Brexit

Its difficult to believe that only three months ago, our major political parties were in a state of meltdown. We now have a new Prime Minister who heads a Conservative administration whose members we thought were united by a common purpose, regardless of whether they were previously ‘remainers’ or ‘leavers’. That is to negotiate the UK’s exit from the European Union on terms most favorable to Britain. While we are all used to the incessant bitching and noise from the Left, what is less easy to accept are the loud demands by some MP’s on the Government’s own side, who want Mrs May to divulge her negotiating strategy in the forthcoming talks with Brussels in advance of the event. Not only that, they are also demanding a say in the actual date when Britain will trigger Article 50 of the Lisbon Treaty, which will formally signal the UK’s intention to leave the EU. These are all tactics designed of course to frustrate the will of the British people who have voted to leave that trading bloc. Mrs May now has to contend with the recent adverse High Court ruling giving Parliament a say in the process, which is being appealed.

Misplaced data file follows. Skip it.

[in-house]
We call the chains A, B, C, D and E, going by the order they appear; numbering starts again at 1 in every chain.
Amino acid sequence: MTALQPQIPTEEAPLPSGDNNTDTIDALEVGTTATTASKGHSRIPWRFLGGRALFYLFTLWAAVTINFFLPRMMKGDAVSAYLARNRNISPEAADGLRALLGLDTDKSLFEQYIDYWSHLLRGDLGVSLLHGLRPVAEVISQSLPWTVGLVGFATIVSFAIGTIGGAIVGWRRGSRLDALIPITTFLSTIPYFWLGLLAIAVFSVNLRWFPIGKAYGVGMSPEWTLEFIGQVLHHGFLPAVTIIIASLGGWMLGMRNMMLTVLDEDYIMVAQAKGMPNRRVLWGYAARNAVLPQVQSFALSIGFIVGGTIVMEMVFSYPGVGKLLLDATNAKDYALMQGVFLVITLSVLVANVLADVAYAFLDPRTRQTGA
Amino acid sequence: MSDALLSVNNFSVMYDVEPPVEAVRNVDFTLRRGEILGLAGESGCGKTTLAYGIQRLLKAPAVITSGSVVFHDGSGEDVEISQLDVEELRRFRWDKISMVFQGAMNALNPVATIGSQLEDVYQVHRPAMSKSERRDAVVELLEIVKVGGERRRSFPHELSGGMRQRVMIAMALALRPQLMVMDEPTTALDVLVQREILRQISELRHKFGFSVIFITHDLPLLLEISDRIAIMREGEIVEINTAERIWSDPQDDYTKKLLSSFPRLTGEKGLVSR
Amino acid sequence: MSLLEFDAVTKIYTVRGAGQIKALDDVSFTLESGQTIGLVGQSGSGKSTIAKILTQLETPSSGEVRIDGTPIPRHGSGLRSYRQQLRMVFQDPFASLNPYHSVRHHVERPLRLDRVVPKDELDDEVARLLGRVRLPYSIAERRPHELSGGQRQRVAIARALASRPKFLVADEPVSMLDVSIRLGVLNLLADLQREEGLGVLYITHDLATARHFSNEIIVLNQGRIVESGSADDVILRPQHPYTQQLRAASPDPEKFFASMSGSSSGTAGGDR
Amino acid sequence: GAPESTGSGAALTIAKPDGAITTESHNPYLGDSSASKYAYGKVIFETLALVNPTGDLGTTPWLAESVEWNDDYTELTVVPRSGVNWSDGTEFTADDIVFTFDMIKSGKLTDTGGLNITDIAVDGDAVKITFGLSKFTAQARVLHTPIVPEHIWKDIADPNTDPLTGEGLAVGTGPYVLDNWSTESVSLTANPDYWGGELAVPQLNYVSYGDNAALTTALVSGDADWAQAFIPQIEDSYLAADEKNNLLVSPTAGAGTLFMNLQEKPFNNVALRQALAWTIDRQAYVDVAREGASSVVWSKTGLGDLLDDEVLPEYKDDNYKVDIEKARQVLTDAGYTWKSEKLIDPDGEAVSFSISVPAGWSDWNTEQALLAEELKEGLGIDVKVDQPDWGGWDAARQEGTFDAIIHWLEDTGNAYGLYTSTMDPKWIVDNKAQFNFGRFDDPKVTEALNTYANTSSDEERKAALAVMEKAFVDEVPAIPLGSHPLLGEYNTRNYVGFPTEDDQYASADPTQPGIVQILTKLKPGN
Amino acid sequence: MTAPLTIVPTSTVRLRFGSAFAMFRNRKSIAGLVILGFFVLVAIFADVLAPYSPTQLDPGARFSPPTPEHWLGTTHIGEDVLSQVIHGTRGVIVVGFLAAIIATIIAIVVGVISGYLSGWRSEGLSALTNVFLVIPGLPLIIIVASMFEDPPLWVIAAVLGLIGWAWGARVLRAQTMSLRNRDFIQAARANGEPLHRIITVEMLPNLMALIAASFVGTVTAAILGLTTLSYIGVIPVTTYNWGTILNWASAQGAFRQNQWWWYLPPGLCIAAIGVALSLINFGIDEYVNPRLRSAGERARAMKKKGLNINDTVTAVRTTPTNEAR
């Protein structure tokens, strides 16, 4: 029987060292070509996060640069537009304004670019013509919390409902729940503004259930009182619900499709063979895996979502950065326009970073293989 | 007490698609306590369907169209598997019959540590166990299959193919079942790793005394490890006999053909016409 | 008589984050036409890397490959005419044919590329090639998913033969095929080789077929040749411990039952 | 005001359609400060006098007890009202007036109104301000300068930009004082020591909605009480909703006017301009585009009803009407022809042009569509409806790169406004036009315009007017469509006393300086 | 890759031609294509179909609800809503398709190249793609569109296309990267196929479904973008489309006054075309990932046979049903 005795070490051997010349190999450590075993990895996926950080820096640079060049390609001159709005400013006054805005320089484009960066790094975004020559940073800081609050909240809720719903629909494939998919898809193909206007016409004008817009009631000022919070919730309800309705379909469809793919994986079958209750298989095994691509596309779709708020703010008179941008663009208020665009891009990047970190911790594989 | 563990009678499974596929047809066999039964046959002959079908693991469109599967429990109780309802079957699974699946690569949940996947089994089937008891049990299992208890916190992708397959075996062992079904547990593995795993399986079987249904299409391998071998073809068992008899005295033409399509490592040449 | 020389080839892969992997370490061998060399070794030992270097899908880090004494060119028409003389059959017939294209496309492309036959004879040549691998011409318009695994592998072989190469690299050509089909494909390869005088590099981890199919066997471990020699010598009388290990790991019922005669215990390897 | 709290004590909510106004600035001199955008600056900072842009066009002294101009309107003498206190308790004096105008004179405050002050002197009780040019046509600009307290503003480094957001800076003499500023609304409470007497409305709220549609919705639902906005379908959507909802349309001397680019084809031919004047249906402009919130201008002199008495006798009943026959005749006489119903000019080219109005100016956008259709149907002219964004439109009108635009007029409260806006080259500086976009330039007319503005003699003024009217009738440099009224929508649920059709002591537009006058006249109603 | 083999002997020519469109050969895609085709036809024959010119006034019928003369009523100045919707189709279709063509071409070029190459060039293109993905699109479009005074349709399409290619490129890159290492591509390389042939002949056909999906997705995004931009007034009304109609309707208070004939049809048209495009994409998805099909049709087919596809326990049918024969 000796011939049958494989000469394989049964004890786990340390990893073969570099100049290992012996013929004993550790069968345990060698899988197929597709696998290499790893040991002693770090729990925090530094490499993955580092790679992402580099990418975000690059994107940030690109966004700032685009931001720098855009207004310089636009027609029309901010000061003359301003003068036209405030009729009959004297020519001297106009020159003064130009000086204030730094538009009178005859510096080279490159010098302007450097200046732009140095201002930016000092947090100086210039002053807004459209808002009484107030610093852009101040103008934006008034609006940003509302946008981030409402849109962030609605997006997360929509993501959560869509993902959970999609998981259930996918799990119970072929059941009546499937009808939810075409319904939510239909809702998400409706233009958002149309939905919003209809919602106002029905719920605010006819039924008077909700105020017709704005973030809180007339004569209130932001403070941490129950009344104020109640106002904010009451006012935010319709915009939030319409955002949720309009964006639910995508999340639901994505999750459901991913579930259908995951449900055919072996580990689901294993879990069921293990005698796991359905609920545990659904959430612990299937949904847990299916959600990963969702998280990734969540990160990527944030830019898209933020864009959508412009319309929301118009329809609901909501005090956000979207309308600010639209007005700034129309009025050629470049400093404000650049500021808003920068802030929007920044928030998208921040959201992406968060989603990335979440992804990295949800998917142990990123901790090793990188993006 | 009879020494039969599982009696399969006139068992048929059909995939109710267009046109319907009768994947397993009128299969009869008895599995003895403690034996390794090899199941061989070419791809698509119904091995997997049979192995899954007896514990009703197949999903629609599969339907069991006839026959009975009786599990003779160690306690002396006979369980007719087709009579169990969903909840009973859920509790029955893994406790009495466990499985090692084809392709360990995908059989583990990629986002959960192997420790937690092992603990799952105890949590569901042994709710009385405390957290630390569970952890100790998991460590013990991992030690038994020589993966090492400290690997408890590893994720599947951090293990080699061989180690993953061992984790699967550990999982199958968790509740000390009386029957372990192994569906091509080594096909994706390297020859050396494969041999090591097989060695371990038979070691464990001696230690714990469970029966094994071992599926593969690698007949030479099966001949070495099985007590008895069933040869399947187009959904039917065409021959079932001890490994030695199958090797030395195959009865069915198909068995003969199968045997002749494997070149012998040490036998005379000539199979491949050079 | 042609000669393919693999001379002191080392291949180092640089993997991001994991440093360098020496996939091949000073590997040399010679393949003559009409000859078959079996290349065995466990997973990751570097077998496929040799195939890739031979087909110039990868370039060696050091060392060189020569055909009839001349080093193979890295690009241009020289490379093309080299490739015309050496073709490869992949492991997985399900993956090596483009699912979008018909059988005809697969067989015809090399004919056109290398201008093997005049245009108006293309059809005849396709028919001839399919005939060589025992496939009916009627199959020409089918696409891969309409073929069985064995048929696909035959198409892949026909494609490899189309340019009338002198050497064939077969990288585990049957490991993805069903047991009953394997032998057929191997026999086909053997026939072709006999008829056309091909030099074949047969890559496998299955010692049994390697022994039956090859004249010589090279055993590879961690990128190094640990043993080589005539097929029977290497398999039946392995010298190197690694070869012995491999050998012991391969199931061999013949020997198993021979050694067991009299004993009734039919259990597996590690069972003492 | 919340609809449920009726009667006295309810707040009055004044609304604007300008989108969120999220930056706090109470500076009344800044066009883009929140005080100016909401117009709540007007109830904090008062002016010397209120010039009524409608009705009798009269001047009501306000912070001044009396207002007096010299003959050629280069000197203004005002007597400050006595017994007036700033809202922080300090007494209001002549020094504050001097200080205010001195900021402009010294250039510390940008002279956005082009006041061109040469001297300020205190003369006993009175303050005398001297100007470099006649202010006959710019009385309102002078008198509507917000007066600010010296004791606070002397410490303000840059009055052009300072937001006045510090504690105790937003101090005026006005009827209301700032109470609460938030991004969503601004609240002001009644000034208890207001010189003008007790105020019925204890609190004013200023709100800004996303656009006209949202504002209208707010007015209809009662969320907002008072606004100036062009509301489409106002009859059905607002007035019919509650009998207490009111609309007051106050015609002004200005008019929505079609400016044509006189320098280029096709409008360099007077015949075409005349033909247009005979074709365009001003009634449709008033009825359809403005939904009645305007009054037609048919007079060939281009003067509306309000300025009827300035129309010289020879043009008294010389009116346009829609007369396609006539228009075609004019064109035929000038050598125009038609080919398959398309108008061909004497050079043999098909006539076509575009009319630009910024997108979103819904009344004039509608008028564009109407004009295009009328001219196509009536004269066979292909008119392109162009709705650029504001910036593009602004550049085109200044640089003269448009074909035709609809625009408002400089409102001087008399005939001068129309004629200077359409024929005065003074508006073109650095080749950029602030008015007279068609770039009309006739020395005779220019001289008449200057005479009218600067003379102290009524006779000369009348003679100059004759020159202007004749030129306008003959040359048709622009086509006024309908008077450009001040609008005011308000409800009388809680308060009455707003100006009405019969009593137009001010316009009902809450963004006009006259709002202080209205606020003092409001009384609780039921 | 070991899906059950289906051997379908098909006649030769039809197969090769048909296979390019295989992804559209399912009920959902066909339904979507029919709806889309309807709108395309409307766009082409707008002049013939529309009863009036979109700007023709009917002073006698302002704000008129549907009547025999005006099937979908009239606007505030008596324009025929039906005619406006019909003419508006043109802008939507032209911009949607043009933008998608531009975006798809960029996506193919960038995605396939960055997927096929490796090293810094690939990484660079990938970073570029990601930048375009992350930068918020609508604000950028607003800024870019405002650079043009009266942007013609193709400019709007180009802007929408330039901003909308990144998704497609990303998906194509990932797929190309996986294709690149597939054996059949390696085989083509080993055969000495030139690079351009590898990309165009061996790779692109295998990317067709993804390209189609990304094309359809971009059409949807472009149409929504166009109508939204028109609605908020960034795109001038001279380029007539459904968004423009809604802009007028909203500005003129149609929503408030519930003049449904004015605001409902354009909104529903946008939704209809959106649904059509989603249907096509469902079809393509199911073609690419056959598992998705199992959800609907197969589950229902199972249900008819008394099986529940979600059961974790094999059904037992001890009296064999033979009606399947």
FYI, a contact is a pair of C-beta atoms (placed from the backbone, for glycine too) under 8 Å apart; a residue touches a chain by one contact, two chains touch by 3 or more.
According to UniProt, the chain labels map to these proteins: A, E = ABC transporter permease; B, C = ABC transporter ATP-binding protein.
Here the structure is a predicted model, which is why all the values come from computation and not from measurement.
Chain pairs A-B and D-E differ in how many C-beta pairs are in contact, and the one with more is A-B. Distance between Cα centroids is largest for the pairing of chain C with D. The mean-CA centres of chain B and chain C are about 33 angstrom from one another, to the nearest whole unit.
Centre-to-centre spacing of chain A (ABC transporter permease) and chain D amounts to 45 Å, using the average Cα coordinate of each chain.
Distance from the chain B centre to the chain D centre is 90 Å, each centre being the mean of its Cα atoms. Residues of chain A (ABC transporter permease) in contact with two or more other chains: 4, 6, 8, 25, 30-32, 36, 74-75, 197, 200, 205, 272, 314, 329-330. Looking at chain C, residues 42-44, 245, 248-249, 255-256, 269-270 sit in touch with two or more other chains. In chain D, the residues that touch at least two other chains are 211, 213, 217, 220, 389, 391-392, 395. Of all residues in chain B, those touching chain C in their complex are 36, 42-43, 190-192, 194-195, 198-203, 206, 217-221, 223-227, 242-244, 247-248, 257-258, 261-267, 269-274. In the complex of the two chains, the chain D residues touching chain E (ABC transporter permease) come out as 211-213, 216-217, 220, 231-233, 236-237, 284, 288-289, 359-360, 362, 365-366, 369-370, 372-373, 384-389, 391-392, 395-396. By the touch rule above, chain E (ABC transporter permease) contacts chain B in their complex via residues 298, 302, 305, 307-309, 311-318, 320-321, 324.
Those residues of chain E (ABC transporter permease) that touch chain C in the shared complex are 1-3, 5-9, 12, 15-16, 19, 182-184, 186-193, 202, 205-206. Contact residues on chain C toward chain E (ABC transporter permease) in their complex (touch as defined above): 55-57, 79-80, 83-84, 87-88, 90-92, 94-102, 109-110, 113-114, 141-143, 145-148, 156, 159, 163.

The PM was right to give nothing away to these Tory and other troublemakers in advance of what will be very sensitive negotiations. She exudes a quiet confidence in the upcoming process of trying to get the best deal for Britain, probably a mutually beneficial non-tariff customs union, and rightly will not give a running commentary on progress. That Parliament will be kept informed in the customary manner should have been enough for anyone.

In the current situation where we’ve witnessed a sustained fall in the value of the Pound, Bank of England executives, Treasury officials and business chiefs should be emphasizing the underlying strength of the British economy, which is backed by solid evidence. The pound has fallen far enough and its time for our business leaders not only to broadcast our strengths, but to show confidence in a world brimming with trade opportunities for the UK outside the EU.

The Chancellor and the Bank of England Governor, both first class people, would do us all a favour if they talked up the pound with a bit more enthusiasm, and behaved less like undertakers!

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